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Re: How to share huge data structure between threads?

by djantzen (Priest)
on Jan 10, 2003 at 15:04 UTC ( #225809=note: print w/replies, xml ) Need Help??

in reply to How to share huge data structure between threads?

Implicit sharing of nested structures is prohibited because it creates the potential for accidential sharing of private data. Since the ithreads model is predicated upon complete separation of all data by default, to allow the capacity to implicitly share references within shared parent structures is to open the door to accidental corruption of data. From perlthrtut

use threads; use threads::shared; my $var = 1; my $svar : shared = 2; my %hash : shared; ... create some threads ... $hash{a} = 1; # all threads see exists($hash{a}) and $hash{a} == + 1 $hash{a} = $var # okay - copy-by-value: same effect as previous $hash{a} = $svar # okay - copy-by-value: same effect as previous $hash{a} = \$svar # okay - a reference to a shared variable $hash{a} = \$var # This will die delete $hash{a} # okay - all threads will see !exists($hash{a})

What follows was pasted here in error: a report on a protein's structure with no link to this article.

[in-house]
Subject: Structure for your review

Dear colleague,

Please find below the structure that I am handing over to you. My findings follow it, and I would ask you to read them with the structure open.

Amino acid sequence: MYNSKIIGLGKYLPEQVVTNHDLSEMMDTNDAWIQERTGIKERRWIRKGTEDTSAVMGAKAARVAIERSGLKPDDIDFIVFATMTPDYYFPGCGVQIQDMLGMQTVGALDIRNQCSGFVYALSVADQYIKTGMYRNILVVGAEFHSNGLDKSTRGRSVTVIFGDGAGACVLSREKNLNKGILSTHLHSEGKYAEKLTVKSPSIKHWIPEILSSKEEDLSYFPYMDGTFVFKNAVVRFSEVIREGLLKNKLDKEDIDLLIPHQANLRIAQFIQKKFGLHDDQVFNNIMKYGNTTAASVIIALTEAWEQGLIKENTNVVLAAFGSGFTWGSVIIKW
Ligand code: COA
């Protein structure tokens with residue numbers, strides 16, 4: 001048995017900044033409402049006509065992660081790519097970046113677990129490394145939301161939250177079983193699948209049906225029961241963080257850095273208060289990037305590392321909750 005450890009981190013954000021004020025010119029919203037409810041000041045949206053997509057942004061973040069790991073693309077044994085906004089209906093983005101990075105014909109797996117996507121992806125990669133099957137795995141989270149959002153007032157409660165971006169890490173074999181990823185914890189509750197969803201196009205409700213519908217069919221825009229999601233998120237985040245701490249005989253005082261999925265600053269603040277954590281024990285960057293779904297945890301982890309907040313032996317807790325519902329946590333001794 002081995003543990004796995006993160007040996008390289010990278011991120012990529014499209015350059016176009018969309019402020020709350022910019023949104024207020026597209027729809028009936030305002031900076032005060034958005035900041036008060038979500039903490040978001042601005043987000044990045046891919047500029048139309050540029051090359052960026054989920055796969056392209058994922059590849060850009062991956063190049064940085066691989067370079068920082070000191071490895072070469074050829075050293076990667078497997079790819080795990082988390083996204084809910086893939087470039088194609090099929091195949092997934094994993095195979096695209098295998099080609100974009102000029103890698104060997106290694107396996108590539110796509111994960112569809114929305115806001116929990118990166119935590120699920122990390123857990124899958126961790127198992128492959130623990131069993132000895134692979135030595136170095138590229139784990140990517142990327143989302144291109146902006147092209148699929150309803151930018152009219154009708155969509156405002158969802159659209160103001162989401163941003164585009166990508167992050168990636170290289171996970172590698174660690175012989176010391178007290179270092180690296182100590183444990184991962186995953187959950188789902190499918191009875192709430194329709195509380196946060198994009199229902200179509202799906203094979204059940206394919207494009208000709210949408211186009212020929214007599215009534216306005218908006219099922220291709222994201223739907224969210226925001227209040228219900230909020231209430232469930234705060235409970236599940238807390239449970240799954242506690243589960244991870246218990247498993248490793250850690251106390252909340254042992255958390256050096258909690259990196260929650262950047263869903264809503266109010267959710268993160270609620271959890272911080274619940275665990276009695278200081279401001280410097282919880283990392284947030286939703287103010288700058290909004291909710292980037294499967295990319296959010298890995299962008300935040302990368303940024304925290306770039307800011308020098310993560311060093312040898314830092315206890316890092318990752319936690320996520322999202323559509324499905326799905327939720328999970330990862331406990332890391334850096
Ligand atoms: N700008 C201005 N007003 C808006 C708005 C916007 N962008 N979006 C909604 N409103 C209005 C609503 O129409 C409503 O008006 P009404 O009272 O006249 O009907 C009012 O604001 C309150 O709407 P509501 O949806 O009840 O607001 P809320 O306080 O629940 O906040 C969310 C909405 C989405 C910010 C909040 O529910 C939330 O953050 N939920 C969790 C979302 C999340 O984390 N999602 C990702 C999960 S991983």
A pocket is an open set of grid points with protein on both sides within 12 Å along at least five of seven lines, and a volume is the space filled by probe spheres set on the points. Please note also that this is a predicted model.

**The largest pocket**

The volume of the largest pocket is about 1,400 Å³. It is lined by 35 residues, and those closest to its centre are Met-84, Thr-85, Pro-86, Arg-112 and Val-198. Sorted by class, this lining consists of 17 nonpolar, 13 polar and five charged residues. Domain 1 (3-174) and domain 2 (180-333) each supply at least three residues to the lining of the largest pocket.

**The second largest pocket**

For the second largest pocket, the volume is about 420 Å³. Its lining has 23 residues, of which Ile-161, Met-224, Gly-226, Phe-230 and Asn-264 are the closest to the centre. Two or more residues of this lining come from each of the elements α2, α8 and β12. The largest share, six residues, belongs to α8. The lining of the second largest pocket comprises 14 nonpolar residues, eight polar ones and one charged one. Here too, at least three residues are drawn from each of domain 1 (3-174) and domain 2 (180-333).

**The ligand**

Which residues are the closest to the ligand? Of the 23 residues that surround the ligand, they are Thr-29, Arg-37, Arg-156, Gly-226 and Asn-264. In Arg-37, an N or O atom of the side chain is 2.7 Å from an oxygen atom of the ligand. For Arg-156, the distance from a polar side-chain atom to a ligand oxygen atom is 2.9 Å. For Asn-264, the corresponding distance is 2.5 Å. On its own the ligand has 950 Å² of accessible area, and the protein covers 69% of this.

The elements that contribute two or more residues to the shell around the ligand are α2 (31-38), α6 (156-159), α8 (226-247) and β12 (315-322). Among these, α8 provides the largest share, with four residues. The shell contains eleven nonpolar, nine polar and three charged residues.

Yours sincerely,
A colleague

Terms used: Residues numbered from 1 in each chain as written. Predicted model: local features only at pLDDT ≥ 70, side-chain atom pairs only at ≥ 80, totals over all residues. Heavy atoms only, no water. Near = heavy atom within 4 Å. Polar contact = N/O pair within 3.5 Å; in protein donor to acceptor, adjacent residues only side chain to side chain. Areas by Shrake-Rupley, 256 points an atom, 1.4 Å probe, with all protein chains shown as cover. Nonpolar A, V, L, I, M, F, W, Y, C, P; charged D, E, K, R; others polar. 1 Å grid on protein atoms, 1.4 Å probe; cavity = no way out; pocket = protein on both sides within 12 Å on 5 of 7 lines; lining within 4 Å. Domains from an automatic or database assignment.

So the solution using threads is to take references to the things you wish to share at each level of a parent structure and to share them on a case by case basis. In other words, you must explicitly share not only the parent reference, but every reference contained therein.

Here's some example code of a basic object with shared members:

use strict; use warnings; package Foo; sub new { my ($class, $arg) = @_; my $this = bless {}, $class; $this->{args} = undef; return $this; } sub set { my ($this, $arg) = @_; $this->{args}[0] = $arg; # setting an entry in a shared array refe +rence } 1; # End of the module, and now a test script use strict; use warnings; use Foo; use threads; use threads::shared; my $foo = new Foo(); my $nested_array = []; my $nested_string = 'bar'; share($foo); share($nested_array); share($nested_string); $foo->{args} = $nested_array; # set the shared array reference # pass in a reference to the shared scalar my $thr1 = threads->create(sub { $foo->set(\$nested_string) }); <Update> # If in Foo::set we manually set the argument passed, say, to 'quux', # the object will contain that string rather than 'bar', # proof that we do indeed have a shared nested reference. </Update> $thr1->join(); print $foo->{args}[0];

It's a bother to do this, but it's better than accidental trampling of data. Hope this helps.

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